I Paid Off $10K in Debt With This Easy Method

If you're wondering how to pay off debt, the Debt Snowball worked for me—and it might work for you, too.

A woman puts money back into her wallet, after learning how to pay off debt.
Photo: Sitthiphong Thadakun / EyeEm/Getty Images

Ready Rice cooks in about 90 seconds. It also costs about three times as much as the type you have to boil yourself. And so microwaveable rice was the first little luxury I cut back on when I started my debt-free journey this past year. About nine months later, I've paid off about $10,000 in debt and cooked about as many grains of rice sans microwave. If you're wondering how to pay off debt that you've racked up, consider the method that worked for me.

Of course, rice was only a small part of my journey, but changing the type of rice I purchased illustrates how I transformed my spending habits so I could start to save money and ultimately pay off debt.

I became a diehard Dave Ramsey fan after a friend suggested Ramsey's podcast as a frank guide to money. Chief among his tips to zero debt and a whole lot of wealth—aside from budgeting, of course—is what he calls the debt snowball. Here's how it works: You list your debts from smallest to largest and start by paying off your smallest debt first. You throw everything you can at that first debt, all the dollars saved from Ready Rice, nights out with friends, and the wedding you skip when you know it will break the bank. Once that first debt is paid, you use what you might have spent toward it each month and combine it with all the other money you're scrimping and start putting it toward the second debt (while still paying minimums on the other debts).

Pretty soon, you've got great momentum and you can see the little fist-full of ice and powdered fluff gaining speed and size as it tumbles down the hill. The idea seemed counterintuitive at first; I'd read so much about prioritizing the debt with the biggest interest rates that I'd been stuck in a cycle of making credit card payments only to find I needed to use the credit card to get myself to the next paycheck. I feel sick imagining what Ramsey would say about that. He can be pretty blunt on his podcast.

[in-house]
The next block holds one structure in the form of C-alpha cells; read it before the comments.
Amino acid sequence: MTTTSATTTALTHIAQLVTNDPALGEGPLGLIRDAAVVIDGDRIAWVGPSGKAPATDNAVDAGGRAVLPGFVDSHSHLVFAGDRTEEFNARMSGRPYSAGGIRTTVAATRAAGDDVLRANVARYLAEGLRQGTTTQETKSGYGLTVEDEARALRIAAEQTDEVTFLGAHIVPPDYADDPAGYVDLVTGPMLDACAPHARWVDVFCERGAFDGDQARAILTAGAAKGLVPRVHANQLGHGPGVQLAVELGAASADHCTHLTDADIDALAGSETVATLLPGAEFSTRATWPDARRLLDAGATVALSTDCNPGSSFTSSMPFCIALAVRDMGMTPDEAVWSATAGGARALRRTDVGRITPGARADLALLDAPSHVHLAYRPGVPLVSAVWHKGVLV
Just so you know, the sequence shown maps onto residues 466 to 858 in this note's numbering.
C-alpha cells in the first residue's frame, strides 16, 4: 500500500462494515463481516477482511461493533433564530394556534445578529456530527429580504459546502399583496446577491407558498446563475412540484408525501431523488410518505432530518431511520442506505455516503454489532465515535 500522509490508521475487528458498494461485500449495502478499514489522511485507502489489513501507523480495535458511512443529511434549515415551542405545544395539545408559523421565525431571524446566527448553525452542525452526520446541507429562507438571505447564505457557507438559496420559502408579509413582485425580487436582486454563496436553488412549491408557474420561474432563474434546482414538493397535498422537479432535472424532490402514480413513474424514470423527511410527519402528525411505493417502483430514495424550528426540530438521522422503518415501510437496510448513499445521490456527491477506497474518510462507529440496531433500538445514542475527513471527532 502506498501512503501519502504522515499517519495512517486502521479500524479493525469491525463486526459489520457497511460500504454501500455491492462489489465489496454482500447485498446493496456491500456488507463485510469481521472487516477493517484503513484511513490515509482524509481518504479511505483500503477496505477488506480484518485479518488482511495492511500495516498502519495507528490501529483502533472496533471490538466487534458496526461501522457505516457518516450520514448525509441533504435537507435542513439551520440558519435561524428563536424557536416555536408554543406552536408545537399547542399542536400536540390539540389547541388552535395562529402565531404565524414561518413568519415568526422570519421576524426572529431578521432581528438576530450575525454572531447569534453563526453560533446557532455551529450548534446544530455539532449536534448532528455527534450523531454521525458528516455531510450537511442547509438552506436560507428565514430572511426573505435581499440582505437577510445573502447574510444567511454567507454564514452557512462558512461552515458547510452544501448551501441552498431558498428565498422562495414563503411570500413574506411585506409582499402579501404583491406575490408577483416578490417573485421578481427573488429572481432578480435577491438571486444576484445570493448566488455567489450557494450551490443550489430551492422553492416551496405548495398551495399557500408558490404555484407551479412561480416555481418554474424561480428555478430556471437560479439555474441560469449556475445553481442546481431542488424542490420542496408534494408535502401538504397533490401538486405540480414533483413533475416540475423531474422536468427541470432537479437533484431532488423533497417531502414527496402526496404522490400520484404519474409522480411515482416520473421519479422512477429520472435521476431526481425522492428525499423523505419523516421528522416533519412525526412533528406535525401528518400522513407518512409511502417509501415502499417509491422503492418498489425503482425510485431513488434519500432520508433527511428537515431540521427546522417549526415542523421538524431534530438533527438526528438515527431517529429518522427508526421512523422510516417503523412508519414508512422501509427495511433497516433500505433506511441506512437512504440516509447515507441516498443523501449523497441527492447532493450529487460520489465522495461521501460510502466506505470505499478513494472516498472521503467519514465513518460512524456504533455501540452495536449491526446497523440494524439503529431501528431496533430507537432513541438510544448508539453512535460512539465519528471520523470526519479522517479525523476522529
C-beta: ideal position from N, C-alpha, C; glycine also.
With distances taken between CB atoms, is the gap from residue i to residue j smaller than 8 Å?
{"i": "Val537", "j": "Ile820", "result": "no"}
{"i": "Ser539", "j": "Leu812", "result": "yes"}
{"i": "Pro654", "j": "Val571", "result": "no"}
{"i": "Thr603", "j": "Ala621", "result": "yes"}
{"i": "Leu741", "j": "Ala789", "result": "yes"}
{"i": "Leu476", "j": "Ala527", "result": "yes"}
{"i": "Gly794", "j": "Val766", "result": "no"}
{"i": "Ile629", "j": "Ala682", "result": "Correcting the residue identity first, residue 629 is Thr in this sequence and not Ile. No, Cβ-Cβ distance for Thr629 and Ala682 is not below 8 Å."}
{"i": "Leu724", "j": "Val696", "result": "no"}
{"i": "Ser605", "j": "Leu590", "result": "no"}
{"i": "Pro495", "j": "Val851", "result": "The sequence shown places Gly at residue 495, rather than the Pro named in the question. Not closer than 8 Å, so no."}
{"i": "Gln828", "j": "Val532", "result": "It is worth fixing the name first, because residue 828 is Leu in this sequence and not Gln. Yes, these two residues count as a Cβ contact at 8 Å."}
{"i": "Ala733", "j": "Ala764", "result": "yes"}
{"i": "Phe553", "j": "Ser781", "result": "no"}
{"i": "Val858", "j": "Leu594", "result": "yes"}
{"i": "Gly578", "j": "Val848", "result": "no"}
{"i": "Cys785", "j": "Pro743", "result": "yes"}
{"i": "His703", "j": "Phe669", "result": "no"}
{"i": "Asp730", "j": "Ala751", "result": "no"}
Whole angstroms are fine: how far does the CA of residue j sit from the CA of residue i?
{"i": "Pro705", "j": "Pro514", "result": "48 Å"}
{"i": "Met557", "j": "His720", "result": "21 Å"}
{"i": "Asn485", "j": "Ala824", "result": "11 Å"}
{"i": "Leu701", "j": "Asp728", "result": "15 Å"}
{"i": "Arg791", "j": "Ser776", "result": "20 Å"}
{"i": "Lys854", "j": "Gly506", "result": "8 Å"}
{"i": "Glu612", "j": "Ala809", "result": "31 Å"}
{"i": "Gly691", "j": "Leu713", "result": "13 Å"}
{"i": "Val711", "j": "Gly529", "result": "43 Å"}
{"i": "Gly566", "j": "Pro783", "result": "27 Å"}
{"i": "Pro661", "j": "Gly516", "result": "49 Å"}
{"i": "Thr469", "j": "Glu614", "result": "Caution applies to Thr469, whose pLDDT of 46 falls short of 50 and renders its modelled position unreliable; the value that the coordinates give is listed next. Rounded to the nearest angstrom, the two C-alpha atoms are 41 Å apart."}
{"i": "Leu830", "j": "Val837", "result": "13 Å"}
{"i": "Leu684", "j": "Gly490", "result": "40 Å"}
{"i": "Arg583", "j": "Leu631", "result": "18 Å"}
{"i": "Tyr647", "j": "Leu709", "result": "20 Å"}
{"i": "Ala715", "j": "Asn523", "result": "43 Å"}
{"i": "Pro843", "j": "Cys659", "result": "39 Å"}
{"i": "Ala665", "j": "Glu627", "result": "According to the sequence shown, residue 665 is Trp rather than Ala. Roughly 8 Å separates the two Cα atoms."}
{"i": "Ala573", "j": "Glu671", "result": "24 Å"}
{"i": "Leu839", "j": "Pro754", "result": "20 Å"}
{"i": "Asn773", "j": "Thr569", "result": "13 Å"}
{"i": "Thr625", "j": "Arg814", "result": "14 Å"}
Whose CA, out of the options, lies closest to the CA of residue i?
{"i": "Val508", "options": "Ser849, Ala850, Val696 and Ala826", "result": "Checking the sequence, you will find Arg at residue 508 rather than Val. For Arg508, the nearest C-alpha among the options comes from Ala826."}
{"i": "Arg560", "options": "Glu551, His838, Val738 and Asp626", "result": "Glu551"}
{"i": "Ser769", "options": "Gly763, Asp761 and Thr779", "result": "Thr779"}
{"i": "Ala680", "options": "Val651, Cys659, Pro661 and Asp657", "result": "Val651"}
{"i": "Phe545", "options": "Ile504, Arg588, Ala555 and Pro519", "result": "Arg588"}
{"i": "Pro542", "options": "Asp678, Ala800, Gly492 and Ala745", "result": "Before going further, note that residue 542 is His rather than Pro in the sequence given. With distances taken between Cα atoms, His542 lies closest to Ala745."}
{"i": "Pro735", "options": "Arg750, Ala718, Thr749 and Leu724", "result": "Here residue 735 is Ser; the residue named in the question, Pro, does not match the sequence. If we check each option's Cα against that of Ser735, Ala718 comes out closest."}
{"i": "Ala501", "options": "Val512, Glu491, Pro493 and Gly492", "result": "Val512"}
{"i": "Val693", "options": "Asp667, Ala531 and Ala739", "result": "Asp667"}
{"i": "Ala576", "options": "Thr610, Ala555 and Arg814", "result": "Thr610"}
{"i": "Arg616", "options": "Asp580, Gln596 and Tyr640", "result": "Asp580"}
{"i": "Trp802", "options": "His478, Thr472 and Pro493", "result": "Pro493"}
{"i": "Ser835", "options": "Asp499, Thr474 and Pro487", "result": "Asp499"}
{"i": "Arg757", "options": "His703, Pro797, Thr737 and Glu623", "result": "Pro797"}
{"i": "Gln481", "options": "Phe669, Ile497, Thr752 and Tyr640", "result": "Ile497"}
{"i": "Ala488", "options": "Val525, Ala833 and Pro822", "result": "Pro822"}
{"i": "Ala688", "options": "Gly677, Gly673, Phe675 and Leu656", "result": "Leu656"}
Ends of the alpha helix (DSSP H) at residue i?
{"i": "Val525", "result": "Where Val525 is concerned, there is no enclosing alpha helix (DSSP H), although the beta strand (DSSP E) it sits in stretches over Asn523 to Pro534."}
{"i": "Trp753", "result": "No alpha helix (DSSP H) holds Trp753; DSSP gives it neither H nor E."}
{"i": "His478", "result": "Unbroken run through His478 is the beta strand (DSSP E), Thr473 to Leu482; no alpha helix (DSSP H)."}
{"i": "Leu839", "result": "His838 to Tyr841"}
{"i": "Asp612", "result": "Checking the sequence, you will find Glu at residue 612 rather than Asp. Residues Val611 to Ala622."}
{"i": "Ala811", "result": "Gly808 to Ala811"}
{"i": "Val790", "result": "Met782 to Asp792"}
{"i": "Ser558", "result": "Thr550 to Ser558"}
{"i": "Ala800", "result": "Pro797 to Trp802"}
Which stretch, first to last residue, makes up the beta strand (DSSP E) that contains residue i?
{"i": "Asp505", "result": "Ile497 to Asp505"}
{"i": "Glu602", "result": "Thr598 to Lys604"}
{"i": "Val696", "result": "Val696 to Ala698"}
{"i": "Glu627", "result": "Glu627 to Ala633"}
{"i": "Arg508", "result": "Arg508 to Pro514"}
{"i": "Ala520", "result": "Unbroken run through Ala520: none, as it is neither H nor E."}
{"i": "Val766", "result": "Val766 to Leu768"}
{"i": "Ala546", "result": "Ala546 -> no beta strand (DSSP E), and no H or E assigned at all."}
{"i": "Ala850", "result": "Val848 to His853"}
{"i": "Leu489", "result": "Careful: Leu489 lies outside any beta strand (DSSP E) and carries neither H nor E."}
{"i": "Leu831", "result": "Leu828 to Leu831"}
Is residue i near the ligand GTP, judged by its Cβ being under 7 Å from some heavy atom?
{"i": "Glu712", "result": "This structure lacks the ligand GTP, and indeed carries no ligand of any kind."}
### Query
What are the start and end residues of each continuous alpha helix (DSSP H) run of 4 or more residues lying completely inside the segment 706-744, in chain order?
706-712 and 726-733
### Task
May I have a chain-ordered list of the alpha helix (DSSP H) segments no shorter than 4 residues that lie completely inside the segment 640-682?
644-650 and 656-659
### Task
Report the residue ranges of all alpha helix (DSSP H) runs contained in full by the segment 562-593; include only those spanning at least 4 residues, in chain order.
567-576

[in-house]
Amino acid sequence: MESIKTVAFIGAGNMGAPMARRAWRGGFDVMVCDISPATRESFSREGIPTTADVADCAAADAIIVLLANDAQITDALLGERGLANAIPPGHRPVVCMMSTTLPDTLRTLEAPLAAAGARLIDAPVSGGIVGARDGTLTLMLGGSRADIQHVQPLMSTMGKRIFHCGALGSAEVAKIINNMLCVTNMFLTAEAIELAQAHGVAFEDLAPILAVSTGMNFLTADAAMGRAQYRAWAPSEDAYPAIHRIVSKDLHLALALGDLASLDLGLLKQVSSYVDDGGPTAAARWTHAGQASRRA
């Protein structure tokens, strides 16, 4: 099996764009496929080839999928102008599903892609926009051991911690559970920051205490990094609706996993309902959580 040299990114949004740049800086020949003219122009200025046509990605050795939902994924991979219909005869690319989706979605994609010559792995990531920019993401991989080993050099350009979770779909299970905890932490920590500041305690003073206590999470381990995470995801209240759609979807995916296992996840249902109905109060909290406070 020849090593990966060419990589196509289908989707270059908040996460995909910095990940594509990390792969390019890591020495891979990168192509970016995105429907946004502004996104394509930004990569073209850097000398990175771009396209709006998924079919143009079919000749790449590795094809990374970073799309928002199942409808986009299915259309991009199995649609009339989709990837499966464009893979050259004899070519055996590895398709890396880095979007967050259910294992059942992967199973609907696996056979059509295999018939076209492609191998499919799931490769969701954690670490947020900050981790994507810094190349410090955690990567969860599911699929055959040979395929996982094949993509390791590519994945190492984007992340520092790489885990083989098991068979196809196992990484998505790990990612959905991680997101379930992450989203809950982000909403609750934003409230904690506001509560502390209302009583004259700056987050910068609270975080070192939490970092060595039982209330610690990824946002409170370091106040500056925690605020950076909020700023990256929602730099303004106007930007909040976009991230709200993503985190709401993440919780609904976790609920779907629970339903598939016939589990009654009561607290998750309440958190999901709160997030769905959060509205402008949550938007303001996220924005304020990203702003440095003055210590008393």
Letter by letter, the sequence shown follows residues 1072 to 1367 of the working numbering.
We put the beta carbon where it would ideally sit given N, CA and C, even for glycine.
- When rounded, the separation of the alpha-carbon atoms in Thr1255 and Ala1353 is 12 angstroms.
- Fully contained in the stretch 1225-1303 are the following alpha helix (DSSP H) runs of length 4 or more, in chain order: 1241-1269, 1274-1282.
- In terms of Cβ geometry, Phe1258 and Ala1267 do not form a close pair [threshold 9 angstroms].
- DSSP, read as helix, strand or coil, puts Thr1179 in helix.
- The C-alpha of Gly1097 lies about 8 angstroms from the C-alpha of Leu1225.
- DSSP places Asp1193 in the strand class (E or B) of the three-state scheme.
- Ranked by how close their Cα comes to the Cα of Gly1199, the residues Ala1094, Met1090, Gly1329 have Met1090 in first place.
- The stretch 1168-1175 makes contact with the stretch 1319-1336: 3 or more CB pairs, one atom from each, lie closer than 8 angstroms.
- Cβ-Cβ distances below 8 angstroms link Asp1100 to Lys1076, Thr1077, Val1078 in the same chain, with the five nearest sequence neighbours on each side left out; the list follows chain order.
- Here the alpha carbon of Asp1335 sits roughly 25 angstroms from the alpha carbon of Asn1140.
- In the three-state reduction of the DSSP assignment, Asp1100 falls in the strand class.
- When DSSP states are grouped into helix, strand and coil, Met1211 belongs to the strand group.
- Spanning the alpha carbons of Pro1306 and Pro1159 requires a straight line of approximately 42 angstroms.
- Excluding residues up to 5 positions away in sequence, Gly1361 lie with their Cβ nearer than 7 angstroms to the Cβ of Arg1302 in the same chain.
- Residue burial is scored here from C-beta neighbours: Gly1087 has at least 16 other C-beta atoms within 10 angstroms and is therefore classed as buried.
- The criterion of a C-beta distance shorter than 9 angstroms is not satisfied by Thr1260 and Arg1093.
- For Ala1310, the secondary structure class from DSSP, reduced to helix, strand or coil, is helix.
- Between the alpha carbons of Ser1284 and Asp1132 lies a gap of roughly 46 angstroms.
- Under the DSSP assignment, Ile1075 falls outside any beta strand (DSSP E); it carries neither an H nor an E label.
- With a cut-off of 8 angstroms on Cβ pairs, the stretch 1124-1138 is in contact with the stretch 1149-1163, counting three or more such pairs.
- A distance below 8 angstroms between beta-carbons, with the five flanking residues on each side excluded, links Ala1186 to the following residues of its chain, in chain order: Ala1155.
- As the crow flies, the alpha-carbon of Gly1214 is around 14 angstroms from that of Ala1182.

But the debt snowball had some appeal for me too because the technique uses the power and satisfaction of small victories to propel you. I liked that. Mainly because I like instant gratification (remember my former Ready Rice habit?). A few months later, I had paid off the remaining $2,400 on my student loan which, for the last nine years since graduation, I'd been making the bare minimum $40 a month payment. With that hurdle cleared, I was able to pay off the $2,000 couch we bought on credit and about $3,000 in vet bills (we own a small home zoo) that I'd also charged on a no-interest medical credit card.

The $2,000 mattress we invested in last year was my latest victim. And even though it was tempting to continue paying the small minimum payment every month for the next five years, I knew I'd stress less without it there. Next up is that new car I've had for all of six months. The goal, with my current income and a few side hustles, is to decimate that loan within the next 12 months. After that, it's the mortgage, but Ramsey focuses on ramping up savings and emergency funds before tackling that last loan.

These days, I might spend more time at the stove, willing that pot of water to boil, but the future feels lighter somehow and the small sacrifices well worth it.

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